Author: Kurt Brokaw

Kurt Brokaw is an associate teaching professor at The New School. He also teaches film noir and early lesbian fiction at the 92nd Street Y.


Articles Written by Kurt Brokaw:

Cinematic Lessons From a Cold War Era

Red Hollywood (Thom Andersen, Noël Burch. 1995. USA. 119 min.) With Russian President Vladimir Putin’s annexation of Crimea and deepening incursions into Ukraine, US relations with the Kremlin have taken on an ominous chill. Not that Congress is likely to fall into the anti-communist hysteria of the 1950s, when Senator Joseph McCarthy’s efforts succeeded in… Read more »

New Directors/New Films 2014 – Critic’s Choice

Senior film critic Kurt Brokaw is viewing the 42nd annual New Directors/New Films (all 27 features plus 11 shorts) and presents his critic’s choices below. Quod Erat Demonstrandum (Andrei Gruzsniczki. 2013. Romania. 107 min.) This lead review is dedicated to the living memory of Quod Erat Demonstrandum, possibly the worst title in the history of… Read more »

Rendez-Vous With French Cinema 2014

Senior film critic Kurt Brokaw is viewing all 24 features in the 2014 Rendez-vous With French Cinema lineup. The series screens March 6-10 at the Film Society of Lincoln Center. Young & Beautiful (François Ozon. 2013. France. 95 min.) Steven Soderberg’s The Girlfriend Experience and Steve McQueen’s Shame have both explored the dark side of… Read more »

New York Jewish Film Festival 2014 – Critic's Choices

How inspiring that The Film Society of Lincoln Center has partnered with The Jewish Museum for more than two decades in presenting world, US, and New York premieres of films from around the globe. And how encouraging to read Sheerly Avni’s report in The Jewish Daily Forward that more than 80 similar Jewish fests are… Read more »

Critic's Choice – 2013 Finale

Tim’s Vermeer (Teller. 2013. USA. 80 min.) As a premier magic act, Penn and Teller stand among the most accomplished performing illusionists. To be sure, their jazzy show-and-tell routines in which they perform jaw-dropping mysteries and then demonstrate step-by-step how they did it, have earned them the undying enmity of many working magicians. Penn Gillette… Read more »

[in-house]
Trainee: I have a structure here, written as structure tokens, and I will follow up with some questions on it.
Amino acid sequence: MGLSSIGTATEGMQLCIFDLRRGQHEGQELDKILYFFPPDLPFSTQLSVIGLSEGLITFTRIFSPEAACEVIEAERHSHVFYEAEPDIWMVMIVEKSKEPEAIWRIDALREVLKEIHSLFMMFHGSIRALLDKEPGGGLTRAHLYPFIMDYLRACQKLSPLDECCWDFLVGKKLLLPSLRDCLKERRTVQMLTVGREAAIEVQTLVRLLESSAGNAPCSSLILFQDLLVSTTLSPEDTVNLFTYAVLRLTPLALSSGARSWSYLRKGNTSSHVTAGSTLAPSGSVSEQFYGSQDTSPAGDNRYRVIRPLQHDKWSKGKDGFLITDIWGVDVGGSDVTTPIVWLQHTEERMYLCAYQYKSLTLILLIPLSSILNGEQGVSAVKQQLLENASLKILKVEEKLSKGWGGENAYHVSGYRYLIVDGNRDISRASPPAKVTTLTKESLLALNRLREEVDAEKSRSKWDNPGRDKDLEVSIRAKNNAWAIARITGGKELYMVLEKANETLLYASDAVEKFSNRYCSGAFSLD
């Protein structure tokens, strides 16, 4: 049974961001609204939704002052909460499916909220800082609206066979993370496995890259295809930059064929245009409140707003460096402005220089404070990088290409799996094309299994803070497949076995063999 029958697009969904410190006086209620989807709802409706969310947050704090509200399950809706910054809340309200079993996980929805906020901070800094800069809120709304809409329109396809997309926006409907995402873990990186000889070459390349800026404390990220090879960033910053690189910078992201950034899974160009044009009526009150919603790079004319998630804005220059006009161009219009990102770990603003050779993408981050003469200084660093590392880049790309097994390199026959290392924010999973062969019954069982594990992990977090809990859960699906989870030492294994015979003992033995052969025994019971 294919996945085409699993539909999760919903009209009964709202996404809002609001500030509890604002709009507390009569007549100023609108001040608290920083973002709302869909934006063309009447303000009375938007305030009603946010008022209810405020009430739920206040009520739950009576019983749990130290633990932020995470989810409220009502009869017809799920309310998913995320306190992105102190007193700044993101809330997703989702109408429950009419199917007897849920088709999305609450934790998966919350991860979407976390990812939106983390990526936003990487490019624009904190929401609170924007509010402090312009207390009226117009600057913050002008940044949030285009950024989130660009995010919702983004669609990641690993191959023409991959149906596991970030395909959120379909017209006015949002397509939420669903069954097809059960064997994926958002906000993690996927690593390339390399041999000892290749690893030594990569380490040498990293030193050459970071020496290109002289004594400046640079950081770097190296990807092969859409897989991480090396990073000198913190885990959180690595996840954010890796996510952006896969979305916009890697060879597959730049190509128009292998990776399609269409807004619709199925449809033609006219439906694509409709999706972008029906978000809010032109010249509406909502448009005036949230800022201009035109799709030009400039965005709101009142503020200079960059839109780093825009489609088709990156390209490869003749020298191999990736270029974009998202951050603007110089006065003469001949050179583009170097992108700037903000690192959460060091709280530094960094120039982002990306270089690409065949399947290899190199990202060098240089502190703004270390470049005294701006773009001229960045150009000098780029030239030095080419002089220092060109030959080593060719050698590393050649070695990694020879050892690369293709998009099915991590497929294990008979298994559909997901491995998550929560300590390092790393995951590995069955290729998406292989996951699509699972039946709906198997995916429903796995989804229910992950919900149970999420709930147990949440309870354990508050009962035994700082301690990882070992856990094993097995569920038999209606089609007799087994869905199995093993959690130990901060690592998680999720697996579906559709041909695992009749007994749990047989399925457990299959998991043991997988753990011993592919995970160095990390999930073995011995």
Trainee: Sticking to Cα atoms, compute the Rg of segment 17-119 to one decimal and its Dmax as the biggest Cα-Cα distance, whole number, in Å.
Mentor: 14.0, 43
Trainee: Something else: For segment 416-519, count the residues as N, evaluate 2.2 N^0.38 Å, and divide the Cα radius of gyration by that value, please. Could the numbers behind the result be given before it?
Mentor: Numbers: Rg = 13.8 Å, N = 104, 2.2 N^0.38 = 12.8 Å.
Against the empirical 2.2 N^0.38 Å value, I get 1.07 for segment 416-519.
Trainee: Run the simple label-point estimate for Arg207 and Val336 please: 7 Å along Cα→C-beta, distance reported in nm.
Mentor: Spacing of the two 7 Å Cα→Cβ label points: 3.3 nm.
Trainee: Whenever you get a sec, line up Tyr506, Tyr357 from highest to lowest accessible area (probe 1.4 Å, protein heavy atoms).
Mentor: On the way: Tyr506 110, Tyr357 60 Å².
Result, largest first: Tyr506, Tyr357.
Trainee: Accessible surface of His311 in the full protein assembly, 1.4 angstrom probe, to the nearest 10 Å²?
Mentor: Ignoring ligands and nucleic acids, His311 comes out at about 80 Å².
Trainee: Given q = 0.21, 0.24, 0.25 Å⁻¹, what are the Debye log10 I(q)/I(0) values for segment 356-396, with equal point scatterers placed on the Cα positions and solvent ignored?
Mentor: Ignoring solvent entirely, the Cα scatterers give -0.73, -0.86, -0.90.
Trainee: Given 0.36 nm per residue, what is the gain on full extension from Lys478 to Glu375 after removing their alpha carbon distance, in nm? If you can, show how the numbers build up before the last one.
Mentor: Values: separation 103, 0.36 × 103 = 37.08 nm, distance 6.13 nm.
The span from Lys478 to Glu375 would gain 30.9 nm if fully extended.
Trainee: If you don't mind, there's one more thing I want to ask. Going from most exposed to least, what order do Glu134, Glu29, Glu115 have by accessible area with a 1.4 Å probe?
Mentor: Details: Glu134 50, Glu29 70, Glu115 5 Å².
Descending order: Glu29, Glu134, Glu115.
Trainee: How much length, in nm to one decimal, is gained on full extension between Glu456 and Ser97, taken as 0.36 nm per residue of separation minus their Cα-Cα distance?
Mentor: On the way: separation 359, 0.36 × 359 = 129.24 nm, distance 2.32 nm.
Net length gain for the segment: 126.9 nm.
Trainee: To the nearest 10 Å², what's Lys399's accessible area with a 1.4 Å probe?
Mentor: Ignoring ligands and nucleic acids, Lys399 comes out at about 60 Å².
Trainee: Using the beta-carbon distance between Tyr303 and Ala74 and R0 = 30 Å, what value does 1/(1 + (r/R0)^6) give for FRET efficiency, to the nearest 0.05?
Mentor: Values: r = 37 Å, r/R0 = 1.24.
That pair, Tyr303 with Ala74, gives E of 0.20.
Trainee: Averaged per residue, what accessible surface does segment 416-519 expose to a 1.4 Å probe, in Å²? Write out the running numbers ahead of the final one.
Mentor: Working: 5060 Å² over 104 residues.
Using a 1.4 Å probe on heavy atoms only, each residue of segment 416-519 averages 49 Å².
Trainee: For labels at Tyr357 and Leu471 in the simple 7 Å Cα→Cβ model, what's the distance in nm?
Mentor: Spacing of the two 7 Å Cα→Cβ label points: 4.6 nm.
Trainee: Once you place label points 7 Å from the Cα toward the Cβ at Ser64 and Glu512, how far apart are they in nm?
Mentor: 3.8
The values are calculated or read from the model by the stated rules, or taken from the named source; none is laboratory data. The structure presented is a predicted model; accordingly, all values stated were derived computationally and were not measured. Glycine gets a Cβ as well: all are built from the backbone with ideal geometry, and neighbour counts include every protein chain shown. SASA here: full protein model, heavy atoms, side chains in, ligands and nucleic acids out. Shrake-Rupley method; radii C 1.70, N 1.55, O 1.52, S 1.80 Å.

New York Film Festival 2013 – Critic's Choice

Last year’s 50th New York Film Festival (NYFF) gave a 21-gun salute sendoff to its departing director, Richard Pena. It far exceeded the breadth, width, and depth of a half-century of festivals. This year’s extravaganza, headed by Kent Jones, Film Comment’s scholar/essayist and now screenwriter (Jimmy P: Psychotherapy of a Plains Indian), goes even broader,… Read more »

Documenting a Man who Refused Interpretation

Salinger (Shane Salerno. 2013. USA. 120 min.) “Salinger and I got alone together, and I said, ‘Look, what do you want, you want some sales? These guys are supposed to know how to sell books, so screw it, let’s do it.’ So we did it.”–James Avati, who painted the original 25-cent paperback cover (right) of… Read more »

‘Tis the Summer of Women Falling Apart in Films

First let’s briefly summarize three films you may be aware of, all themed around women in various states of acute mental and emotional collapse. Stay with us as we trudge a path toward the single picture worth your wait. The Canyons. Director Paul Schrader said this about his new movie pairing Lindsay Lohan with porn… Read more »

Tribeca 2013: Critic's Choice – Shorts

The Nightshift Belongs to the Stars (Edoardo Ponti. 2012. Italy. 23 min.) Think of it: More than 2,800 shorts were submitted to the 12th Tribeca Film Festival. Sixty made the cut. This one had more advance anticipation and comment than most TFF feature film selections. To no one’s surprise, it’s won the festival’s best narrative… Read more »

Tribeca 2013: Critic's Choice – Features

So what’s new at New York’s most ambitious gathering of all things cinematic? You could start with “a more stable and clear vision” as described by Geoff Gilmore, chief creative officer of Tribeca Enterprises, and one of the fests three primary curators. Gilmore, artistic director Frederic Boyer (a former French critic and Cannes program director),… Read more »